Ramirez v. Phoenix, City of

Filing 47

ORDER denying 34 Motion to Dismiss. Signed by Judge John W Sedwick on 7/24/13.(JWS)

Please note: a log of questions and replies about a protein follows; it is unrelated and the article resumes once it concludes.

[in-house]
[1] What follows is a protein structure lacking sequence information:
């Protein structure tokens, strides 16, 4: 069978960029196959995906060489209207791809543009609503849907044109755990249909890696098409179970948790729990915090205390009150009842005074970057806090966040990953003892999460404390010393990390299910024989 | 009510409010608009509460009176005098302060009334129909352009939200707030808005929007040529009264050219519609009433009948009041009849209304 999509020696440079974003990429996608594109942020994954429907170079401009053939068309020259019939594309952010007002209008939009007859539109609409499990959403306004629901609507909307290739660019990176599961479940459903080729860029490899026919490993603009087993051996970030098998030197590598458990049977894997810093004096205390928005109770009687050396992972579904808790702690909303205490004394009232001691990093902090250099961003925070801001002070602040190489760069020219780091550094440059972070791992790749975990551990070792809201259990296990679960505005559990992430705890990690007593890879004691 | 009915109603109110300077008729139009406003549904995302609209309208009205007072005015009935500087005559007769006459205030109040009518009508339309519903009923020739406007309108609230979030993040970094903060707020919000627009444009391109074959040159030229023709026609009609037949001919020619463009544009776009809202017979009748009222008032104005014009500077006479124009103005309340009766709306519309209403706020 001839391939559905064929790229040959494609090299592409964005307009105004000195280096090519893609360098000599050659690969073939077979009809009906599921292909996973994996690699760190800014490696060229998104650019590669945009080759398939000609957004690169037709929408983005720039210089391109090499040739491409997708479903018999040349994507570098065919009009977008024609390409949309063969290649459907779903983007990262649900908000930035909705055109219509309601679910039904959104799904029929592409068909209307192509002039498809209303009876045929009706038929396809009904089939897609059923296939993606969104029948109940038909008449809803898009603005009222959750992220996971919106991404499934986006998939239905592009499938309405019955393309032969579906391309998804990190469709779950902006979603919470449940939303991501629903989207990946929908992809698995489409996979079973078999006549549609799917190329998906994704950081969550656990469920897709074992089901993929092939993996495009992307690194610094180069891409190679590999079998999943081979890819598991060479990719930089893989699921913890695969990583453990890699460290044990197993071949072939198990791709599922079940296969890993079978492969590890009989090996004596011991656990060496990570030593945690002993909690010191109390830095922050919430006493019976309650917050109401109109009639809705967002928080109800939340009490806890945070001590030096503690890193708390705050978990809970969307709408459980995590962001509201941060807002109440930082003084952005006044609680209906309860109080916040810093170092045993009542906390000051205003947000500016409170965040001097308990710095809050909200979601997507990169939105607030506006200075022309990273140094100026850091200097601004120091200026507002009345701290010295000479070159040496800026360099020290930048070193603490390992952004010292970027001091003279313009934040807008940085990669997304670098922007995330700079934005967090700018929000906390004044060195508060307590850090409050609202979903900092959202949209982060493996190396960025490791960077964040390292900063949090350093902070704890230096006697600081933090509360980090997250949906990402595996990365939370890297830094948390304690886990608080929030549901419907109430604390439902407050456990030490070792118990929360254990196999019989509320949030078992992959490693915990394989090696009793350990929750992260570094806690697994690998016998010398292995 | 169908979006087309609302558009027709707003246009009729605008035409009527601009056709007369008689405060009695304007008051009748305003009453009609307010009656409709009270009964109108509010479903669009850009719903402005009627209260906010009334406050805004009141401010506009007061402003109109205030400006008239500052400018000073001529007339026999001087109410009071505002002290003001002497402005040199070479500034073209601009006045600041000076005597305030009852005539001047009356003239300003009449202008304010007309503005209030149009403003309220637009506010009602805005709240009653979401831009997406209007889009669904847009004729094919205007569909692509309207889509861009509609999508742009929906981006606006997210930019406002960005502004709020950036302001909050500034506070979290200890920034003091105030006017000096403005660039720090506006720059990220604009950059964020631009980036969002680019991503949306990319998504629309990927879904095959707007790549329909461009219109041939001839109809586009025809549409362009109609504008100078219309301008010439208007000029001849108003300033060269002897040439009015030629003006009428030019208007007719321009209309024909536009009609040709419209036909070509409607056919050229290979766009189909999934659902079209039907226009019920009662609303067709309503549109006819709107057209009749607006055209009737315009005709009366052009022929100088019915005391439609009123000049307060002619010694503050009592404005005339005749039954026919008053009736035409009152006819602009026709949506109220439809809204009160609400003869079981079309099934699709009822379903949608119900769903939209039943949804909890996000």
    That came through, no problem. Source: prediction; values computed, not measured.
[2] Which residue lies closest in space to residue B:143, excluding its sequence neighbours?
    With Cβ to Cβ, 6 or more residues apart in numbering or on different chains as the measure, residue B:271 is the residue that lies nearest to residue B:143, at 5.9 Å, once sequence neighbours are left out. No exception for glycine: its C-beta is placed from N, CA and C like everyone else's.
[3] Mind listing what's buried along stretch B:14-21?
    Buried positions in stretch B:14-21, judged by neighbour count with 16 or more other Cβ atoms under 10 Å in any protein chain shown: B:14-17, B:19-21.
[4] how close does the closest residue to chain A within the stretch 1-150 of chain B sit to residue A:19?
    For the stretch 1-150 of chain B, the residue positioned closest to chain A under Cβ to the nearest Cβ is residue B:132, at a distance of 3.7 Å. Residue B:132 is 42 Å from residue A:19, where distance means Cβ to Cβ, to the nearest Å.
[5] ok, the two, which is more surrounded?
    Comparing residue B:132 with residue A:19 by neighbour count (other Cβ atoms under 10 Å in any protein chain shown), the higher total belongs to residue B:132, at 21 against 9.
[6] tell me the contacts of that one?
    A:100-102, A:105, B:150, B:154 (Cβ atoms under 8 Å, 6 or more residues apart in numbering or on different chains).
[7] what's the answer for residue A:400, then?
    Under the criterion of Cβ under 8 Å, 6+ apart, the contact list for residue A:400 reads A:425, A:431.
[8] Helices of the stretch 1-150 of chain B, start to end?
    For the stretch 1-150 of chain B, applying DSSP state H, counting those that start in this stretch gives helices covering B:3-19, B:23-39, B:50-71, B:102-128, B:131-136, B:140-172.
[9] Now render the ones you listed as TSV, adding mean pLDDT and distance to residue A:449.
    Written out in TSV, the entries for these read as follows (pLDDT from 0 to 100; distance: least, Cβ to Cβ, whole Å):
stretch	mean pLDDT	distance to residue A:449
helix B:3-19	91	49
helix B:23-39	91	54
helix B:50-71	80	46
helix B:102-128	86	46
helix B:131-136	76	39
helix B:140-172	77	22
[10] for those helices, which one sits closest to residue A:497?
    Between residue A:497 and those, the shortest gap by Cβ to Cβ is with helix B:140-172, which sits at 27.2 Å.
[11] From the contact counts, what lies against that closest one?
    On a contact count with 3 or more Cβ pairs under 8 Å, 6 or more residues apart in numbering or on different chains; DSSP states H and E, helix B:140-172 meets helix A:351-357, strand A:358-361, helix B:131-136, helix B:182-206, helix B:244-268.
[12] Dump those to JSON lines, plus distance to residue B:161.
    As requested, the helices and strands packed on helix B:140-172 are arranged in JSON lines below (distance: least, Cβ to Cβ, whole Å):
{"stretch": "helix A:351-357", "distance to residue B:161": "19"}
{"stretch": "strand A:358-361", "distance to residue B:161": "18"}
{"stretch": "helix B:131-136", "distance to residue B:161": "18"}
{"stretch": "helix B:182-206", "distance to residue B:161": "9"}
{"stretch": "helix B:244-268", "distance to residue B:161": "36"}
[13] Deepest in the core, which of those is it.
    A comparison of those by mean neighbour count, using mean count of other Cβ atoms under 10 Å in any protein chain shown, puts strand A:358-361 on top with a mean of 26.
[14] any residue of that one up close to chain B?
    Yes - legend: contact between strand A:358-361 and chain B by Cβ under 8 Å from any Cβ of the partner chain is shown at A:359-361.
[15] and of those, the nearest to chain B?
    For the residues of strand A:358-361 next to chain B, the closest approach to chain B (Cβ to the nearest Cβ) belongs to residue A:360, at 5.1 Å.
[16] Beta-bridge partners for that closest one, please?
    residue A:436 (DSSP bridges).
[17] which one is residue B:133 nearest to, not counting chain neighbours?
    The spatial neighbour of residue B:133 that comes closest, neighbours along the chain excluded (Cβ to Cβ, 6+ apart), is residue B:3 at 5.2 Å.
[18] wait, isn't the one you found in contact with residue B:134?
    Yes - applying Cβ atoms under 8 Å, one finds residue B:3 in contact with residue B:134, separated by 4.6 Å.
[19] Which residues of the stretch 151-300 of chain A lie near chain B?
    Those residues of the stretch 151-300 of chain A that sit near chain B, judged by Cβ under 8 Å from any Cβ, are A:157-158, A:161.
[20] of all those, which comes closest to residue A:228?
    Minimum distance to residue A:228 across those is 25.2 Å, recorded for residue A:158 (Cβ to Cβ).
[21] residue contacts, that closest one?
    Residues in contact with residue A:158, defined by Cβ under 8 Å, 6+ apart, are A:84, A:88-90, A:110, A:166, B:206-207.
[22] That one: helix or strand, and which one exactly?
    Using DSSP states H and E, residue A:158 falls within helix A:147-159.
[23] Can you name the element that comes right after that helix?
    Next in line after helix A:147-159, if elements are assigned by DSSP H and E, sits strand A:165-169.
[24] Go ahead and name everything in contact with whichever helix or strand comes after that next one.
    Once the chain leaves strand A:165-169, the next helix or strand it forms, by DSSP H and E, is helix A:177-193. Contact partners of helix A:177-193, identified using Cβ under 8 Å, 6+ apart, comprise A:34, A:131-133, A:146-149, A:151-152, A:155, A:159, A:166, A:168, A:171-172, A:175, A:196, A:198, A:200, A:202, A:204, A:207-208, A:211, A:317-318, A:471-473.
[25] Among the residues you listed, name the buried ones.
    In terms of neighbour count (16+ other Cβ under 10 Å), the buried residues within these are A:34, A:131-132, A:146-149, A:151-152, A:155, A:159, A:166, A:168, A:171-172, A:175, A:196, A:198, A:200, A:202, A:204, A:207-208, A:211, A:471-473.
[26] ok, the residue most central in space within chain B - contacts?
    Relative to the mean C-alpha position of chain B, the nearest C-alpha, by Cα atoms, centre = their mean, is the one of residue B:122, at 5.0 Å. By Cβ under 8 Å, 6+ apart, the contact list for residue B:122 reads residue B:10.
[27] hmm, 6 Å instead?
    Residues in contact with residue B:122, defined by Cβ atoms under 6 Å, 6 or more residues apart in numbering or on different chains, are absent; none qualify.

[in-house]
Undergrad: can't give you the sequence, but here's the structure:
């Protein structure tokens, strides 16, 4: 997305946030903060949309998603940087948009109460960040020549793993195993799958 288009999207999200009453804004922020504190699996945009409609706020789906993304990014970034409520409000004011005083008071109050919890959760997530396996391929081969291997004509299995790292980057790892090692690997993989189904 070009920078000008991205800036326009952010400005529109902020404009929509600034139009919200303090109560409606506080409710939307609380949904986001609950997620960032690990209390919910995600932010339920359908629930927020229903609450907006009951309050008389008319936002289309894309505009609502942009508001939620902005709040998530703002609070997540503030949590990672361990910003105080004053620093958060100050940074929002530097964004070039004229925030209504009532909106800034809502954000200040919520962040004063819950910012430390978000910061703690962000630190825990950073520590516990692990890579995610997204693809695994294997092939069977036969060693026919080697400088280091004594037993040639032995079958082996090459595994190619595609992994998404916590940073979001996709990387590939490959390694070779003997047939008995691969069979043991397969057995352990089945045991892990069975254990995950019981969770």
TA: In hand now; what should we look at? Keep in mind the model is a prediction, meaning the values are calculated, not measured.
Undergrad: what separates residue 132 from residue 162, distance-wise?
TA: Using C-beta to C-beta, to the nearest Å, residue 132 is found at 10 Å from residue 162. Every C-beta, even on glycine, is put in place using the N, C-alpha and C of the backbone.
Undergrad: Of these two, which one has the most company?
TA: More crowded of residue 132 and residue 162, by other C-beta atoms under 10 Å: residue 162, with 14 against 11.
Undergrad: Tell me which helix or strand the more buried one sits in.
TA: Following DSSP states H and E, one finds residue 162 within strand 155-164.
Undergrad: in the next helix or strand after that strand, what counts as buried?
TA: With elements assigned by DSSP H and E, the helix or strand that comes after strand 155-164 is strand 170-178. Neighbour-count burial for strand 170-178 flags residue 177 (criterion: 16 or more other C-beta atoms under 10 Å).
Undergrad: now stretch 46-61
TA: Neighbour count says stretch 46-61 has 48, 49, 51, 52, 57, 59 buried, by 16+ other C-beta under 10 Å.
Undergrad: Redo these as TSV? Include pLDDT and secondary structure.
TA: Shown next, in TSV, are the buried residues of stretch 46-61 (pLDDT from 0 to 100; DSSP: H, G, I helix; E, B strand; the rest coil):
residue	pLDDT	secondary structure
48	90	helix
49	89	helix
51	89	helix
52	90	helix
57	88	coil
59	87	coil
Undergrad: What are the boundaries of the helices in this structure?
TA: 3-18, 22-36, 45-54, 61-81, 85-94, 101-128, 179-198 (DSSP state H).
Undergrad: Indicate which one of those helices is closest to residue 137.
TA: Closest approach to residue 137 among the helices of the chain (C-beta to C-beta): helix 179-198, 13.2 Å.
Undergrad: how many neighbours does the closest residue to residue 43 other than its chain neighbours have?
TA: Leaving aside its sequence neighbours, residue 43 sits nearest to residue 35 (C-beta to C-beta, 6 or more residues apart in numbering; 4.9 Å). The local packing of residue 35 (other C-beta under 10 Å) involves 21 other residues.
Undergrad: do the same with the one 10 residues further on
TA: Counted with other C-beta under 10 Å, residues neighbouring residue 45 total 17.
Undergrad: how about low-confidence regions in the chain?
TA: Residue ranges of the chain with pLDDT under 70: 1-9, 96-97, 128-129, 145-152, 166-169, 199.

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UNITED STATES DISTRICT COURT DISTRICT OF ARIZONA RON RAMIREZ, ) ) ) ) ) ) ) ) ) ) Plaintiff, vs. CITY OF PHOENIX, Defendant. 2:12-cv-00639- JWS ORDER AND OPINION [Re: Motion at Docket 34] I. MOTION PRESENTED At docket 34, defendant City of Phoenix (“the City”) moves to dismiss the amended complaint filed by plaintiff Ron Ramirez (“Ramirez”) for failure to state a claim upon which relief can be granted. Ramirez opposes the motion at docket 40. The City replies at docket 41. Oral argument was heard on July 19, 2013. At the oral argument, counsel for Ramirez acknowledged that Ramirez is not seeking declaratory relief and eschewed reliance on that section of his response which addresses declaratory relief. II. BACKGROUND Ramirez was employed by the City and served as president of the Administrative Supervisory Professional and Technical Employees Association (“ASPTEA”), a labor organization for City employees, and chairman of the Coalition of Phoenix City Unions (“COPCU”), an organization representing all of the City’s unions. Ramirez spoke to members of the Laborers’ International Union of North America (“LIUNA”) gathered at the state capitol on March 23, 2011. -1- At the gathering, Ramirez identified himself as chairman of COPCU and stated, “We know that we have one rogue Councilman right now and we’ve got to get rid of him . . . [y]ou have to vote; you have to also recall.”1 City Administrative Regulation 2.16 requires that City “[e]mployees not engage in activities that are inconsistent, incompatible, in conflict with, or harmful to their duties as City employees.” Among the prohibited actions are “use [of] any official City authority or influence for the purpose of interfering with or affecting the results of an election,” “engag[ing] in political activities involving City . . . municipal elections, including recall elections for Mayor and City Council . . . .”2 Ramirez was given a written reprimand for violating A.R. 2.16. Ramirez then filed this lawsuit asserting claims against the City based on an alleged violation of his First Amendment rights. There are no other defendants. The City moved to dismiss, and Ramirez cross-moved for summary judgment. The court’s order at docket 17 held that plaintiff was not pursuing a Title VII claim and that he was not seeking declaratory relief, but denied the City’s request to dismiss the § 1983 claim. That order also denied Ramirez’s motion for summary judgment. The court then granted Ramirez’s motion to file an amended complaint. It is that amended complaint which is the subject of the pending motion. III. STANDARD OF REVIEW Rule 12(b)(6), tests the legal sufficiency of a plaintiff’s claims. In reviewing such a motion, “[a]ll allegations of material fact in the complaint are taken as true and construed in the light most favorable to the nonmoving party.”3 To be assumed true, the allegations “may not simply recite the elements of a cause of action, but must contain sufficient allegations of underlying facts to give fair notice and enable the opposing party 1 Doc. 1 at 3. 2 A.R. 2.16. 3 Vignolo v. Miller, 120 F.3d 1075, 1077 (9th Cir. 1997). -2- to defend itself effectively.”4 Dismissal for failure to state a claim can be based on either “the lack of a cognizable legal theory or the absence of sufficient facts alleged under a cognizable legal theory.”5 “Conclusory allegations of law . . . are insufficient to defeat a motion to dismiss.”6 To avoid dismissal, a plaintiff must plead facts sufficient to “state a claim to relief that is plausible on its face.”7 “A claim has facial plausibility when the plaintiff pleads factual content that allows the court to draw the reasonable inference that the defendant is liable for the misconduct alleged.”8 “The plausibility standard is not akin to a ‘probability requirement’ but it asks for more than a sheer possibility that a defendant has acted unlawfully.”9 “Where a complaint pleads facts that are ‘merely consistent’ with a defendant’s liability, it ‘stops short of the line between possibility and plausibility of entitlement to relief.’”10 “In sum, for a complaint to survive a motion to dismiss, the nonconclusory ‘factual content,’ and reasonable inferences from that content, must be plausibly suggestive of a claim entitling the plaintiff to relief.”11 IV. DISCUSSION In its seminal decision regarding a municipal government’s liability for deprivation of civil rights in a lawsuit authorized by 42 U.S.C. § 1983, the Supreme Court wrote: 4 Starr v. Baca, 652 F.3d 1202, 1216 (9th Cir. 2011). 5 Balistreri v. Pacifica Police Dept., 901 F.2d 696, 699 (9th Cir. 1990). 6 Lee v. City of Los Angeles, 250 F.3d 668, 679 (9th Cir. 2001). 7 Ashcroft v. Iqbal, 556 U.S. 662, 668 (2009) (quoting Bell Atlantic Corp. v. Twombly, 550 U.S. 544, 570 (2007). 8 Id. 9 Id. (citing Twombly, 550 U.S. at 556). 10 Id. (quoting Twombly, 550 U.S. at 557). 11 Moss v. U.S. Secret Serv., 572 F.3d 962, 969 (9th Cir. 2009); see also, Starr v. Baca, 652 F.3d at 1216. -3- [Section 1983] compels the conclusion that Congress did not intend municipalities to be held liable unless action pursuant to official municipal policy of some nature caused a constitutional tort. In particular, we conclude that a municipality cannot be held liable soley because it employs a tortfeasor–or, in other words, a municipality cannot be held liable under § 1983 on a respondeat superior theory.12 Here, the City asserts that Ramirez’s amended complaint fails to sufficiently identify a municipal policy which caused the deprivation of his First Amendment rights. Rather, contends the City, Ramirez seeks to establish the City’s liability on a theory of respondeat superior and nothing more. Ramirez argues that he is not relying on the doctrine of respondeat superior, and that his complaint adequately identifies a municipal policy–A.R. 2.16–which caused the harm for which he seeks relief pursuant to § 1983. At oral argument Ramirez’s lawyer conceded that Ramirez does not contend A.R. 2.16 is unconstitutional on its face, but urged, as he has in his briefing, that the application of A.R. 2.16 to Ramirez was unconstitutional. A written policy may itself be constitutional, but the Ninth Circuit has long recognized that a § 1983 claim against a municipality may be pursued if the municipality’s policy caused a constitutional violation.13 Thus, the question to be resolved is whether Ramirez’s amended complaint has sufficiently pled that A.R. 2.16 caused a violation of his constitutional right to free speech. In the amended complaint, Ramirez alleges that he was issued a written reprimand for violating A.R. 2.16.14 Ramirez also alleges that his conduct did not violate A.R. 2.16 and was a protected expression of his constitutional right to free speech.15 The court reads these as allegations of fact. For purposes of this motion, these allegations must be accepted as true. The City’s view of these allegations is that they 12 Monell v. New York City Dep’t Soc. Servs., 436 U.S. 658, 691 (1978). 13 McKinley v. City of Eloy, 705 F.2d 1110, 1117 (9th Cir. 1983). 14 Doc. 32, ¶ 14. 15 Id. ¶ 16. -4- allege a wrongful act by an unnamed City official, for which the City is not liable on a theory of respondeat superior. The City can act only through the its employees and other agents, so the fact that the reprimand was given by a city official is not dispositive. Had the reprimand been issued solely on the basis of that official’s view of events, then there would be no City policy that could have caused the harm of which Ramirez complains. Were that all that had been alleged, the City would be entitled to prevail on its motion. However, fairly read, what the complaint alleges actually happened is that the unnamed official used A.R. 2.16 to issue the reprimand in contravention of Ramirez’s free speech rights. In other words, the policy set out in A.R. 2.16 as implemented by the unnamed official is what caused the constitutional wrong of which Ramirez complains. That is enough to satisfy Monell and its progeny. These allegations state a claim, which is plausible on its face. V. CONCLUSION AND RECOMMENDATION TO COUNSEL For the reasons set forth above the motion at docket 34 is DENIED. By way of further comment, the court recognizes that this case has been on the docket for a period of time and should be concluded. Furthermore, all that is at stake is the amount of money which it would take to fairly and reasonably compensate Ramirez–an amount which is not likely large–and possibly also an award of attorneys’ fees. There is a chance Ramirez will not prevail on the merits if this case goes to trial, just as there is a chance that he will prevail. It is noteworthy that Ramirez is not asking the court to declare any City policy unconstitutional. Under these circumstances, it seems to the court that counsel should seriously explore the possibility of settling this case. DATED this 24th day of July 2013. /S/ JOHN W. SEDWICK UNITED STATES DISTRICT JUDGE -5-